Your Federal Quarterly Tax Payments are due April 15th Get Help Now >>

Tutoring Children by Scottrenkes


     Talk with parents, schoolteachers, Guidance Counselors, and the school officials to see if they feel a
     tutoring ministry is needed. Secure statistics on school dropout rates from your state or district education
     office. Share your concerns with fellow church members to see if they recognize the need for tutoring for
     their children. Your associational or state Church and Community Ministries Director can help you conduct
     a formal needs assessment.

    A. Pray about your involvement and be sure God's leadership and direction are evident.
    B. Solicit the prayer support and involvement of your Pastor, Minister of Education, WMU/Brotherhood
       leaders, and your fellow church members. Involve the Youth Minister from the very beginning.

     Contact the State Missions Department of the Kentucky Baptist Convention or the North American Mission
     Board to arrange an awareness program for your church or missions group on Tutoring Ministries. Invite
     everyone interested in tutoring to attend.

    Present the need for a tutoring ministry to the church. Request your church to officially authorize the use of
    church facilities for the ministry. Decide on funding for the ministry.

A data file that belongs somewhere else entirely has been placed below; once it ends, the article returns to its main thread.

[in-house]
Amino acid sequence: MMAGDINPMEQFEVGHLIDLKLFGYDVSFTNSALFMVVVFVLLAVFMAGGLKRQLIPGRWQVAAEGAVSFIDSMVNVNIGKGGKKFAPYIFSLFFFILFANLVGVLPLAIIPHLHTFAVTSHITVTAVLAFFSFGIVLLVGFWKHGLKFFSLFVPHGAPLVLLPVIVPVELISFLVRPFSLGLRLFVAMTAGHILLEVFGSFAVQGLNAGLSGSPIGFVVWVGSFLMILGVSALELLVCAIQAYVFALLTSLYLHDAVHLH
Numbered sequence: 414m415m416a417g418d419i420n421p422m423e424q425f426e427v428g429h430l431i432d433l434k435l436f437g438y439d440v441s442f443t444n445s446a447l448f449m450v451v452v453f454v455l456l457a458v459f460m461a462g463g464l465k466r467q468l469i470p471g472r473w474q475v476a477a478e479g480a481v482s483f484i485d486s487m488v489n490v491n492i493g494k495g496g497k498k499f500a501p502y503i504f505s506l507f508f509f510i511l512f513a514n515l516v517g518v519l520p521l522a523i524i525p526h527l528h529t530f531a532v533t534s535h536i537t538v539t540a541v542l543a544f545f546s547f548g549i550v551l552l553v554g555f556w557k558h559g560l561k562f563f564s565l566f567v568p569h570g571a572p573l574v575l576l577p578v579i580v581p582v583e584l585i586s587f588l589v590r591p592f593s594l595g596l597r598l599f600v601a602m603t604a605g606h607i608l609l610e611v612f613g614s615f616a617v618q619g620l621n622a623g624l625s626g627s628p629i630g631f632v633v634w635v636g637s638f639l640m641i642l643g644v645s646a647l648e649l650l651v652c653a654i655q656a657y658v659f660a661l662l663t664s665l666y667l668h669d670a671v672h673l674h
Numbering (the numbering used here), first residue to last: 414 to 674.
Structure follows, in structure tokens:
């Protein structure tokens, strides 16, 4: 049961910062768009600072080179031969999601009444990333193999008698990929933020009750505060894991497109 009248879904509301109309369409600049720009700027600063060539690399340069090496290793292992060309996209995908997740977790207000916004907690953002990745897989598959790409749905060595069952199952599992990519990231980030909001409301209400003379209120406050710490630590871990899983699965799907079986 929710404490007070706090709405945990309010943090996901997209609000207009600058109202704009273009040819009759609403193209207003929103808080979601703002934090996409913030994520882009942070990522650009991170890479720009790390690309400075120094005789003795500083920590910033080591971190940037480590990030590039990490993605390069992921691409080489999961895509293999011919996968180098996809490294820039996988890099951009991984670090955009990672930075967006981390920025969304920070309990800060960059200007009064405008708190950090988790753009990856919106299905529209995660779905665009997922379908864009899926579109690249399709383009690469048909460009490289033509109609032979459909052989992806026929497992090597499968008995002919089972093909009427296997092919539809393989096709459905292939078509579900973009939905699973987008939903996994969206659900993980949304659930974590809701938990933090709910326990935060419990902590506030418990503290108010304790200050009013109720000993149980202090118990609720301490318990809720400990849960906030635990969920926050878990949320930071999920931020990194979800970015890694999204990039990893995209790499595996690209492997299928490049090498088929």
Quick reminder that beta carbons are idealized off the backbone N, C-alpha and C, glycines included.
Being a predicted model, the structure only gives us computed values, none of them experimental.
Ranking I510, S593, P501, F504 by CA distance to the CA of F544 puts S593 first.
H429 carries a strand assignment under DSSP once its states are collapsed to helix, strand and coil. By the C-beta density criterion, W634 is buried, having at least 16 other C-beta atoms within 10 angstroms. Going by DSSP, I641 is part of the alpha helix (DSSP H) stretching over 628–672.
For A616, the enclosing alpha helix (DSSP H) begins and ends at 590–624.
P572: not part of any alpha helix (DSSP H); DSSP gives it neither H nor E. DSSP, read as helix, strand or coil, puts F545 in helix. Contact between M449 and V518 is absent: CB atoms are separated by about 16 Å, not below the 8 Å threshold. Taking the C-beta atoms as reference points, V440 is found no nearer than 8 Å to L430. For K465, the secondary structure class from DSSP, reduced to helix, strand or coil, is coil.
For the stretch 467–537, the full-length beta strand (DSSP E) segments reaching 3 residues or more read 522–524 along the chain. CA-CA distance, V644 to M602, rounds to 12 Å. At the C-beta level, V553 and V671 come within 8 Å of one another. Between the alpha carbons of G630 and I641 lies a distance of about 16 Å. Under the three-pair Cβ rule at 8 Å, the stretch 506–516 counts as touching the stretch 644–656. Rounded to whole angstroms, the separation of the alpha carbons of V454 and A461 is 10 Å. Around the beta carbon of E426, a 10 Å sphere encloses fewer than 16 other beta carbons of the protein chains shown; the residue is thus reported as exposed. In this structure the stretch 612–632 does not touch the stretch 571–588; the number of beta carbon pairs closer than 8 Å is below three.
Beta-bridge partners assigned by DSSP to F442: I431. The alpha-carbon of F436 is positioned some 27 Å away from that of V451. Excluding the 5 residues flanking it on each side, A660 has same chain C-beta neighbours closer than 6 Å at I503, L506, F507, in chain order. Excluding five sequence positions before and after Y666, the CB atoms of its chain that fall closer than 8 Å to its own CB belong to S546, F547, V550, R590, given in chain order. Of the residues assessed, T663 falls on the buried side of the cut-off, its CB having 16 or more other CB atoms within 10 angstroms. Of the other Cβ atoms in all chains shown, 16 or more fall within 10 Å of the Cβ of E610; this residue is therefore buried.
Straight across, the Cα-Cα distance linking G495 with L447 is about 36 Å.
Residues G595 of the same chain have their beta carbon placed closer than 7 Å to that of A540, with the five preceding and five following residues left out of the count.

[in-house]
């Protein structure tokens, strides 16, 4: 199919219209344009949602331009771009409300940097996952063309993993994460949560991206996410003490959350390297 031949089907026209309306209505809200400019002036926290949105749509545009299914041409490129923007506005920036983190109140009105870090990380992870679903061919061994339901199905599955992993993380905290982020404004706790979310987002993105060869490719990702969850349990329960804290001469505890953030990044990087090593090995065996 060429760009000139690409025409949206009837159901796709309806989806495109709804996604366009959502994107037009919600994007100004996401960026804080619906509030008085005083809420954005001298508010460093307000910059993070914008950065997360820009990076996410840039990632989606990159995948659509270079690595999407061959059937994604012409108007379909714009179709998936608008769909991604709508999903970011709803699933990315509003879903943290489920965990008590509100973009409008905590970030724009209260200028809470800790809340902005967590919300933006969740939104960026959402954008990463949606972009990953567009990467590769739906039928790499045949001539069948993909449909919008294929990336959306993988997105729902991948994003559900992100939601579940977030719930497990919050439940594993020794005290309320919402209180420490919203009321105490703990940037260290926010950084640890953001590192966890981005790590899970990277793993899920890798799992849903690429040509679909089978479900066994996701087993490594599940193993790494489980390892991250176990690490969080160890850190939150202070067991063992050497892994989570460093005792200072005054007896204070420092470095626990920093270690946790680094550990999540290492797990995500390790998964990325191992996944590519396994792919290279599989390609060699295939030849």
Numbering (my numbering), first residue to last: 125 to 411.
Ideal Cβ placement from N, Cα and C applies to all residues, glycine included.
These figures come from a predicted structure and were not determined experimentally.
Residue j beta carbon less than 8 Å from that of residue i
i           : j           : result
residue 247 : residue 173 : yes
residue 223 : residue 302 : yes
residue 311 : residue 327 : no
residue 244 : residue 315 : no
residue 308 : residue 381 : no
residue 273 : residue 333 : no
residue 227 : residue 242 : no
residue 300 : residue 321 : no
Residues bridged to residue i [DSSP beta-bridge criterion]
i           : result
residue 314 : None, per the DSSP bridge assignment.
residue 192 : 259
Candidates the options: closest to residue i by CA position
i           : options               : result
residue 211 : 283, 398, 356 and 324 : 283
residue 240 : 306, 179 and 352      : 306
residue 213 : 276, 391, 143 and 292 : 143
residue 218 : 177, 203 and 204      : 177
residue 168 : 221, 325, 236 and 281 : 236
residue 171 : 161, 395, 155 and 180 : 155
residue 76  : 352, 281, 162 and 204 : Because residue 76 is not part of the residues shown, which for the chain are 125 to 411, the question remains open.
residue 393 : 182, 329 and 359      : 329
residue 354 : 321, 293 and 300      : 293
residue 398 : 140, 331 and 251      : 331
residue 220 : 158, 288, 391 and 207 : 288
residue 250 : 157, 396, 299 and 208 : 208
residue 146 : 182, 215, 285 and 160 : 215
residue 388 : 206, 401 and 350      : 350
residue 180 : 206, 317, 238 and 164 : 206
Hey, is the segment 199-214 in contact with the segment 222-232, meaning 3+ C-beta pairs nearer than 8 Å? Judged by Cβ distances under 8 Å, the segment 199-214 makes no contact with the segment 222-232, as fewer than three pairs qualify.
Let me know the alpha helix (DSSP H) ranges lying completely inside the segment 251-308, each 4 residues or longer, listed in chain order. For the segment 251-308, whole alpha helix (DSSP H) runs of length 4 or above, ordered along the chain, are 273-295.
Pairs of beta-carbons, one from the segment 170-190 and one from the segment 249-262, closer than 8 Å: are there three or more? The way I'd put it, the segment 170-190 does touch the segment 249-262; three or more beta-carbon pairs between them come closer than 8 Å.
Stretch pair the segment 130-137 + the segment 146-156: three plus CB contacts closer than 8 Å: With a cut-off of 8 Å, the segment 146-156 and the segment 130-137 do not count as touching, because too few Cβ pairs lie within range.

The next step in organizing a tutoring program is to form a committee to work out the details of organization
   and to discover how the church can best serve. The committee may already be a functioning committee
   such as a Church Missions Committee or a Ministry Group.

    The entire tutoring program is based on a good working relationship between the church and public school
    officials. Without this basic foundation the tutoring program cannot function. Make an appointment with the
    principal or superintendent of schools to talk with him/her about the interest your church has in helping
    children who are having problems and need individual help. When making this contact be mindful of the
    following suggestions:

     1. Within a given school always work through the principal or his/her designated representative. This
        means asking his/her help and keeping him/her informed.
     2. On you initial contact:
        a. Let him/her know that the church has an interest in beginning a tutoring program.
        b. Inform him/her of the resources within the church which could be of help.
        c. Find out what he/she feels needs to be done.
        d. Secure his/her cooperation in setting up a working relationship.
        e. Ask for help from the Special Education teacher, if the school has one.
     3. Make it clear that your tutoring program does not imply criticism of the school program.